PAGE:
The Effects Of Sleep Apnea
Because of the serious disturbances in their normal sleep patterns, people with sleep apnea often feel very sleepy during the day and their concentration and daytime performance suffer.
The consequences of sleep apnea range from annoying to life-threatening. They include depression, irritability, sexual dysfunction, learning and memory difficulties, and falling asleep while at work, on the phone, or driving. It has been estimated that up to 50 percent of sleep apnea patients have high blood pressure. Although it is not known with certainty if there is a cause and effect relationship, it appears that sleep apnea contributes to high blood pressure. Risk for heart attack and stroke may also increase in those with sleep apnea. In addition, sleep apnea is sometimes implicated in sudden infant death syndrome.
In its 1992 report to the U.S. Congress, the National Commission on Sleep Disorders Research estimated that 38,000 fatal heart attacks and strokes in the United States each year are due to apnea.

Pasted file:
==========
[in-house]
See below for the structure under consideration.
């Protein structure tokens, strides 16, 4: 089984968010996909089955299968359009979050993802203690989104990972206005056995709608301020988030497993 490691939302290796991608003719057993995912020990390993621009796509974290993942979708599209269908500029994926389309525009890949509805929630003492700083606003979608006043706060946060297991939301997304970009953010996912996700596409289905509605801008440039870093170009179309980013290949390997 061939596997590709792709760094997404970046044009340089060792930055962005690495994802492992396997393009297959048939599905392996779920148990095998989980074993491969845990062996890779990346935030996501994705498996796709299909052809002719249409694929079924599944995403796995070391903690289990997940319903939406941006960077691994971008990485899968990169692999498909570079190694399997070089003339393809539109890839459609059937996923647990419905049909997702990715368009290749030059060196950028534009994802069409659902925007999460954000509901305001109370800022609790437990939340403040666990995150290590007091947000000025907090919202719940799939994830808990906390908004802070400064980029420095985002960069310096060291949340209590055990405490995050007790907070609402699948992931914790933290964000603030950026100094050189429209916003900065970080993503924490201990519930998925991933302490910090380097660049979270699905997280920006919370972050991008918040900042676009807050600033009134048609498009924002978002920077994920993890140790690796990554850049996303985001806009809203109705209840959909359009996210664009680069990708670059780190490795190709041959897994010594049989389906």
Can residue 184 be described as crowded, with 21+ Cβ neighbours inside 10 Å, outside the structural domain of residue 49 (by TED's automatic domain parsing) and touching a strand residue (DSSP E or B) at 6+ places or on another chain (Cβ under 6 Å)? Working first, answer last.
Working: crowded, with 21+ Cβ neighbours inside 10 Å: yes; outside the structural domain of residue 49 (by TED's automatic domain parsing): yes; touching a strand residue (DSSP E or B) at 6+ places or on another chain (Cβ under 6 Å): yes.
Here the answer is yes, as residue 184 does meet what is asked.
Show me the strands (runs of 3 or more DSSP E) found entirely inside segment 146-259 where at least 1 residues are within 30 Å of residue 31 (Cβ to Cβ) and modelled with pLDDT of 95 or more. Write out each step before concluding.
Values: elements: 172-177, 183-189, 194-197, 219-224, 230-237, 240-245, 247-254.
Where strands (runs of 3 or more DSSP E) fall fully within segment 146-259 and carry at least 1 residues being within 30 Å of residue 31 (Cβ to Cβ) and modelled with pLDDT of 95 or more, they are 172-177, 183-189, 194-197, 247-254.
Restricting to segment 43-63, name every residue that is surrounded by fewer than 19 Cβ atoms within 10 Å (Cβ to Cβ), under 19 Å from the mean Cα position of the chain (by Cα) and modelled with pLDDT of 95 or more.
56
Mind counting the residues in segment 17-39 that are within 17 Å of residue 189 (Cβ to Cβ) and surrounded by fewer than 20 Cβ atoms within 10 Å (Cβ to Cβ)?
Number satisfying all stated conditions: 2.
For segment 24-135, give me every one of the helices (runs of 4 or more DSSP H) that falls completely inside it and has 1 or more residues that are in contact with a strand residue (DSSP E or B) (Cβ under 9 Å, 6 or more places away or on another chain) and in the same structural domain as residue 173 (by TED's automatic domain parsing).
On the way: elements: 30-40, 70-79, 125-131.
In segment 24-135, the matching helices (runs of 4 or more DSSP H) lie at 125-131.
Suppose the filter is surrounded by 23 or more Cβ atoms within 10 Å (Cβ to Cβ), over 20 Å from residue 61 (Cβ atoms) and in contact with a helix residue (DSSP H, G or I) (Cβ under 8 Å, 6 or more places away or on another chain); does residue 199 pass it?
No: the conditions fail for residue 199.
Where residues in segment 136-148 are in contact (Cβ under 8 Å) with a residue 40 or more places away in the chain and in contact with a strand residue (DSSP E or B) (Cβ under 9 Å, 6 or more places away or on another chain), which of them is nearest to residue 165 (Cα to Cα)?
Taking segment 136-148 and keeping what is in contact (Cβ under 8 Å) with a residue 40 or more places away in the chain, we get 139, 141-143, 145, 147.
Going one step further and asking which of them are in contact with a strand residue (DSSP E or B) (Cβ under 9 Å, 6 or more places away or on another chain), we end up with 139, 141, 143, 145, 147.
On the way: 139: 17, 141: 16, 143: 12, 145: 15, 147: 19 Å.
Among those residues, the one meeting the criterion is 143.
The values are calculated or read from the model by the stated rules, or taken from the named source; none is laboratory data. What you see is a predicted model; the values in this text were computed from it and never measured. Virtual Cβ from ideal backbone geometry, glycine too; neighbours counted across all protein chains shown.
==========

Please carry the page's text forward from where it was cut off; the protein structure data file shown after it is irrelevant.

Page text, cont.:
It is estimated that nearly 40 percent of the population has some sleep apnea, and half of those cases are clinically significant. In other words, at least 20 percent of the people walking in to see their family physician have a dangerous level of apnea. The number of doctor visits attributable to apnea is probably much higher, because apnea causes a wide range of health problems that force people to see their doctors. One of the most common problems is extreme fatigue, since apnea sufferers' actual quantity and quality of sleep is very low.
It is suggested that family practitioners catch fewer than 1 or 2 percent of their patients with apnea. Even those with the most flagrant symptoms are rarely identified.
Some Consequences of Untreated OSAS
(Source: American Academy of Sleep Medicine)
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